Once-experimental Congressional Hackathon gets new institutional support for fifth iteration

The event has provided a “rare” opportunity for Congress and technologists to sit down together and brainstorm.
Rep. Kevin McCarthy, R-Calif., delivers remarks during the Fourth Congressional Hackathon in the auditorium of the U.S. Capitol Visitor Center on April 6, 2022 in Washington, D.C.(Photo by Anna Moneymaker/Getty Images)

Lawmakers, staffers, advocates, and technologists will come together Thursday to share ideas about technological solutions for legislative branch issues in a forum that has gradually become a fixture for those seeking to modernize Congress.

The fifth Congressional Hackathon will be held Sept. 14 with new support from the House’s Office of the Chief Administrative Officer, which is serving as a co-host for the first time alongside party leaders. That growing institutional backing is a milestone for the event, which was held for the first time in 2011 as an experiment and has endured through multiple majority changes and increasing polarization.

“It’s a place where staffers and technological experts get together and brainstorm, completely beyond any silo of their individual affiliations, which is all too rare on Capitol Hill,” said Matt Lira, who helped bring about the first hackathon as a then-staffer to House Majority Leader Eric Cantor, R-Va. “But each Hackathon has been defined by that, and it’s been interesting to see that carry on through multiple different political eras and personalities.”

In interviews with FedScoop, former staffers and tech advocates praised the event for providing a unique launchpad for a dialogue about technological solutions in Congress. Those discussions, they said, have contributed to major tech projects like providing public access to raw legislative data, digitizing casework processes for constituents, and even helping jumpstart an app for congressional tours.


“This is what’s been helping Congress better manage all the different data silos that it has, and modernize its tools,” said Daniel Schuman, policy director for the progressive tech policy advocacy group Demand Progress, adding “it’s a surprising point of leverage.”

The event’s outcome, Schuman said, “has been a fundamental transformation of the way that Congress manages this information technology over the last 15 years.”

Hackathon’s beginnings

The environment at the time the first hackathon took place was not unlike today with the emergence of artificial intelligence, Lira said. At that time, new technological tools, including social media and other digital platforms, were inspiring ideas. “It was a really interesting time to be dealing with Congress,” he said.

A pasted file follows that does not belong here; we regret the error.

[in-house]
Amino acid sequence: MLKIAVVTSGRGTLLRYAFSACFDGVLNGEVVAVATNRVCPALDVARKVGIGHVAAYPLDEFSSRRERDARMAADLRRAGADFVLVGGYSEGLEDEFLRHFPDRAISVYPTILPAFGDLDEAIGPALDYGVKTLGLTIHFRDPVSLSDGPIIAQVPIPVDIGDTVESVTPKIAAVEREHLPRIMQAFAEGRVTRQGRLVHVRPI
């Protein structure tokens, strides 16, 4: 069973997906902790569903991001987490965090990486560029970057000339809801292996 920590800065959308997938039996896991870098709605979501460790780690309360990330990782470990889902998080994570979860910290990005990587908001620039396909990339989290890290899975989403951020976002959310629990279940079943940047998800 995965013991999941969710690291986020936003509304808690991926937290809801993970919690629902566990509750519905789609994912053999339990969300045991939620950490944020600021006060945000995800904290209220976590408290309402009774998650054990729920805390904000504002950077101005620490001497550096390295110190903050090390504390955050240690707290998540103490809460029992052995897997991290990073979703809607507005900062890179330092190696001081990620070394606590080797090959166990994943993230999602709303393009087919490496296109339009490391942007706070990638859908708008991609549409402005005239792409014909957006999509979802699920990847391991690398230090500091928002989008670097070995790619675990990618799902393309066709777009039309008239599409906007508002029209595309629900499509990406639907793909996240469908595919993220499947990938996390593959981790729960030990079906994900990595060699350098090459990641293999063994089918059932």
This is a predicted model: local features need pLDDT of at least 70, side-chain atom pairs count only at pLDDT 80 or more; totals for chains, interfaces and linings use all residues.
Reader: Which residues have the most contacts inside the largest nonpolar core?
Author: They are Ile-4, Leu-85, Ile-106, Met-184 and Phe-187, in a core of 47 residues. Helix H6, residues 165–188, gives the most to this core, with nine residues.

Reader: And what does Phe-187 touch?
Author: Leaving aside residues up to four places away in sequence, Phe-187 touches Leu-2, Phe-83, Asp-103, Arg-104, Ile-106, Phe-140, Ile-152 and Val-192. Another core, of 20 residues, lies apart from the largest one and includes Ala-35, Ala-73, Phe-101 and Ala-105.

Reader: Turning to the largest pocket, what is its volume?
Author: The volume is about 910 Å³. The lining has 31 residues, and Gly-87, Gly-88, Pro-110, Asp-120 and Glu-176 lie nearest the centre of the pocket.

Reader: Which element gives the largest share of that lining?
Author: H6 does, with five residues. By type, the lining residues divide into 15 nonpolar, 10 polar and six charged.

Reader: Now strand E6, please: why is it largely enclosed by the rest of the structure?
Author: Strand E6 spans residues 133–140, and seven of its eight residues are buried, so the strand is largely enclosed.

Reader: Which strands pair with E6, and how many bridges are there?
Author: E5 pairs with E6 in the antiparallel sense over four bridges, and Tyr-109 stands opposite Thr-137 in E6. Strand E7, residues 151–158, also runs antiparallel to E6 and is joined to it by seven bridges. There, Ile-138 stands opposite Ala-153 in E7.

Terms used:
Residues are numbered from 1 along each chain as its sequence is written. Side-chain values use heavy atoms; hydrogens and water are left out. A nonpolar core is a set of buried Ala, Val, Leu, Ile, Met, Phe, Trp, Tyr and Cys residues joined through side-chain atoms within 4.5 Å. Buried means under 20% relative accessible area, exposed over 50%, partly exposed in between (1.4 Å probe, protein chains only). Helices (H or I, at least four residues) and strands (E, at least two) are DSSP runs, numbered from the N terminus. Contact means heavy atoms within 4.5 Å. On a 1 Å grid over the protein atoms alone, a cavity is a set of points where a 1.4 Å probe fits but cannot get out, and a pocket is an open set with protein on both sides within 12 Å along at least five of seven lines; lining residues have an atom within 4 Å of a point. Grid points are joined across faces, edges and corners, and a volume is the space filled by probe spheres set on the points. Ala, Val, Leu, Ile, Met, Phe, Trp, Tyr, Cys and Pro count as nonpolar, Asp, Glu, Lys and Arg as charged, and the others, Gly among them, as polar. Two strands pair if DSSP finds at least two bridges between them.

The concept for a congressionally hosted hackathon was initially suggested by Mark Zuckerberg, CEO of a Facebook that had yet to go public, at a meeting with Lira and Cantor in Silicon Valley. They took that idea back to Washington, where Lira said he later sat down with his counterpart in then-Democratic Whip Steny Hoyer’s office, Steve Dwyer, to talk about what a congressional version of a hackathon could be.


“I’d say it’s inspired by Silicon Valley circa 2010, but then Steve and I just sat down and really thought through what that could look like on the Hill,” Lira said.

Whereas traditional hackathons are generally time-limited events with computer programming or app development as the objective, the congressional version, they decided, would apply a similar collaborative approach to policy and operations. Less focus on actual code-writing would open participation up to more congressional stakeholders.

That first event was sponsored by Zuckerberg’s Facebook, now Meta, and was considered an experiment that wouldn’t necessarily be repeated. But interest in the event evolved into subsequent hackathons in 2015, 2017, and 2022 — though only the first had sponsorship from the social media giant.

Lira — who subsequently worked for Majority Leader Kevin McCarthy, R-Calif, and later in the White House — said it’s “been heartening to see that it’s continued” long after he left the Hill and after “any of the original people involved are still in any leadership offices.” Dwyer, too, shares that sentiment.

“I’m excited about all that is new with the Hackathon this year. Speaker McCarthy will be joining with new host Democratic Leader Jeffries. Additionally, we have institutional support with the CAO being an official host,” Dwyer, who is now senior director for innovation at the CAO, said in an emailed statement. “The CAO’s role helps us advance our mission of being Member Focused, Service Driven–as we try to advance innovative solutions within Congress.”


Institutionalizing the hackathon was also among recommendations the House Select Committee on the Modernization of Congress made last year. It warned that the member-sponsored event could dissolve if people leave Congress and suggested institutional support would encourage other legislative agencies to participate as well.

Ideas in action